Being Made Redundant Was The Best Thing That Ever Happened To Me

It's truly the opportunity of a lifetime.

19/05/2016 3:43 PM AEST | Updated 15/07/2016 12:52 PM AEST
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I went ocean swimming with a group of old timers who go off the rocks at Palm Beach at 9am every day. It was cold and exhilarating and brilliant.

I gulp a warm whiskey in the nearest pub, ignoring the smell of beer-soaked carpet. The sunlight streams in and I think about crying. About going home. About stealing a drag of Brianna's* cigarette. Jason* makes a joke and we all laugh. But already we're furtively checking our phones. We sent desperate messages to our contacts that morning.

The morning we got made redundant.

Someone's phone buzzes and we jump to see if it's ours. Not mine.

"I'm invited to chat to one of the editors this afternoon," Jess* says.

Congratulations, we all say insincerely. You'd be perfect.

Another phone buzzes and this time it's me. I'm also invited to meet this same editor. Brianna's phone stays ominously silent. No invitation. She says she has to move back in with her parents on the Central Coast.


Cameron's* wife is pregnant. Marissa* just bought a house. And the entire Brisbane team has been told there are no jobs in the office. Not one. Either move to Sydney or take your payout and go. There seem to be about three viable jobs in Sydney, and about 30 people going for them.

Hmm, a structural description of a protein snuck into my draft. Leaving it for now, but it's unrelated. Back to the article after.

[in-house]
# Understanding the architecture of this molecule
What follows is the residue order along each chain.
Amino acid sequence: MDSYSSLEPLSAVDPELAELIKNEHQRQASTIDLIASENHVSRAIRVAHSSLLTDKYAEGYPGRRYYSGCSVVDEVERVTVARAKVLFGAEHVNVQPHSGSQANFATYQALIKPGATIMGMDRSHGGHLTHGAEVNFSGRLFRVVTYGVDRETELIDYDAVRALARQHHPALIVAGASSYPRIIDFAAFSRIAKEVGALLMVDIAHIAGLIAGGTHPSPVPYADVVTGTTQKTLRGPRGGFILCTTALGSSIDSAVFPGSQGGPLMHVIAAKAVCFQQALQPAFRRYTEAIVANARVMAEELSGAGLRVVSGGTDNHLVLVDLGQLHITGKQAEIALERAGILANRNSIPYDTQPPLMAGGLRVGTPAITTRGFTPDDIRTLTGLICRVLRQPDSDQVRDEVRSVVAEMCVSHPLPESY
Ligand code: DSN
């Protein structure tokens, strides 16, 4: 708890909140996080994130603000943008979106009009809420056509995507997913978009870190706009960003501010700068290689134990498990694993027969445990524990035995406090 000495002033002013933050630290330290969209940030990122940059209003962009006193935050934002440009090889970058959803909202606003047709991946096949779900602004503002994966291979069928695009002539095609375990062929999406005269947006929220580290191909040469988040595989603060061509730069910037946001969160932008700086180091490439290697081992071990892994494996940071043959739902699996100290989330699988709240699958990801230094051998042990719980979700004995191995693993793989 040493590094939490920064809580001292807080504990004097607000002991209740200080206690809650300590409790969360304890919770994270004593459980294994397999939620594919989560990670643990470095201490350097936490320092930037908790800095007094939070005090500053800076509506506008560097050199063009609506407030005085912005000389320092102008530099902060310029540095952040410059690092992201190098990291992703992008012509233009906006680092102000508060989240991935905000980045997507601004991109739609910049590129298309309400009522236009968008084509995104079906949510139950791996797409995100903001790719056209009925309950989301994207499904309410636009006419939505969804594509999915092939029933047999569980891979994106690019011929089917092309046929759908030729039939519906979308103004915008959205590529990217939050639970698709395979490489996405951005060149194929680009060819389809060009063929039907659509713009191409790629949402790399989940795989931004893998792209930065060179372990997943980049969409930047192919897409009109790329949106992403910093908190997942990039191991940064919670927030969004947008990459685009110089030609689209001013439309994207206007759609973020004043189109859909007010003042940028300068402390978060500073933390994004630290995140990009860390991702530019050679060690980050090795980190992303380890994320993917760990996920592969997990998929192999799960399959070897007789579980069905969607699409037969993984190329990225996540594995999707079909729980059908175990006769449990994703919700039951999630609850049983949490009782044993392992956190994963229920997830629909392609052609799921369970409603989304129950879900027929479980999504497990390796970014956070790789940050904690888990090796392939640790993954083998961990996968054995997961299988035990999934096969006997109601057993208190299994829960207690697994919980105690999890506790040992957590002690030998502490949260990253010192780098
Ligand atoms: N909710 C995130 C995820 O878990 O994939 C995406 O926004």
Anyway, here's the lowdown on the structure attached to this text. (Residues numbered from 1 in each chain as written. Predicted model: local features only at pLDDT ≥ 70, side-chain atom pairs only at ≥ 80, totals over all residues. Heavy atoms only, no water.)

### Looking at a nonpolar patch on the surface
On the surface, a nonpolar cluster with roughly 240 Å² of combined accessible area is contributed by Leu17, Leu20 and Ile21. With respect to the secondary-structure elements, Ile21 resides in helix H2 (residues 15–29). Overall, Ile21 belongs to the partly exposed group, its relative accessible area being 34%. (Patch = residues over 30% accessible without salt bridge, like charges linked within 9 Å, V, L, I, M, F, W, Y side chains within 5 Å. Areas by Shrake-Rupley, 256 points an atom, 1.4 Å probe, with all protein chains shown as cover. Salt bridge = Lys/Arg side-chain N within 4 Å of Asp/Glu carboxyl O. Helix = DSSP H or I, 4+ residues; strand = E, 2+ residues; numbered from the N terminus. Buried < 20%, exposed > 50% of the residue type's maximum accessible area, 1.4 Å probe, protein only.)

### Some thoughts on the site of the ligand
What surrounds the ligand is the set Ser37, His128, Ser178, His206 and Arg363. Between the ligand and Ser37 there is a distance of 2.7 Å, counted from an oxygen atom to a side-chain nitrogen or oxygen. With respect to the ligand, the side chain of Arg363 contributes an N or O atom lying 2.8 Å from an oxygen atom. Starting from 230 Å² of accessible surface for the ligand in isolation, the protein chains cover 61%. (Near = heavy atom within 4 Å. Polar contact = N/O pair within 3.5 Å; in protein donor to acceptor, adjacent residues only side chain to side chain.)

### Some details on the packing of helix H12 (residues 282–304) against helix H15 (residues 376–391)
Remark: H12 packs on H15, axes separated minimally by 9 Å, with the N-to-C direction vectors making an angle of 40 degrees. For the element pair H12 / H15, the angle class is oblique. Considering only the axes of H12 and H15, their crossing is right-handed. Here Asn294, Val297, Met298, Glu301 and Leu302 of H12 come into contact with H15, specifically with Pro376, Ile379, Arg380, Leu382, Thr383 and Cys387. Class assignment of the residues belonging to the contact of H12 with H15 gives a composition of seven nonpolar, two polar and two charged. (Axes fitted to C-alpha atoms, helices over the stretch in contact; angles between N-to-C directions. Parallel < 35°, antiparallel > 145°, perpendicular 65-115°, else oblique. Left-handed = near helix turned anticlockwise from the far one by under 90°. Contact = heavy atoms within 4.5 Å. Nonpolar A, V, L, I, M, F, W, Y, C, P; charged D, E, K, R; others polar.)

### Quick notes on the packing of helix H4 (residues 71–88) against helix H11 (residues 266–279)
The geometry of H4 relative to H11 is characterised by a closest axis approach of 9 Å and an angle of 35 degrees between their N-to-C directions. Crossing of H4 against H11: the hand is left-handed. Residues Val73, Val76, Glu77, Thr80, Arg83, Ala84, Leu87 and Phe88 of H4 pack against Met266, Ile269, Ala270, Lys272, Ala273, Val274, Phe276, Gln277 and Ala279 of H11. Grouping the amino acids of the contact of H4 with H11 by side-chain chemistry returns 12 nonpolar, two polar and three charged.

The whiskey's gone but there's another, so I drink it. By the time my hubby picks up my colleague and me that night, it seems our balance is redundant too.

The word 'dundo' has stuck. We got dundo-ed. We want our dundo payment. We need more bloody dundo drinks.

That was a year ago and today it's clear -- my dundo was the best thing that ever happened to me. I'm happier, a little wiser and am in an organisation that's growing, not declining.

But if you just got dundoed, you don't want to hear that. You don't want to hear it's the opportunity of a lifetime. You want to hear that you're young, you've hopefully got (some) savings, and tomorrow, you can do whatever you want.

When you wake up, don't think about your resume. Instead, do something you have never done before. I bought some industrial caustic soda and made soap from scratch. What a rebel, huh?

Tomorrow, I want you to make the most of a place that's always chockers on the weekend. I went ocean swimming with a group of old timers who go off the rocks at Palm Beach at 9 am every day. It was cold and exhilarating and brilliant.

Day three, you'll have at least one friend who's not working. Maybe they've just had a baby, maybe they got dundo-ed too. Whatever the reason, go out to lunch. Get dessert. Enjoy yourself and your (hopeful) savings.

By now you've probably wound down to a slower pace. You're getting used to waking up when your body rouses, not when the alarm clock pulls you from sleep. You've probably stopped worrying about that work contact you forgot to tie things up with.

Now you're ready to think about what next.

If you got dundo-ed, I'd like to tell you that it'll be the best thing that ever happened to you, too, but it's not a time to fret about the unknown. It's a time to revel in the fact that you are in the glorious work-free period where you can focus on who you are, what you want and what's next.

It's truly the opportunity of a lifetime.

*Names have been changed.

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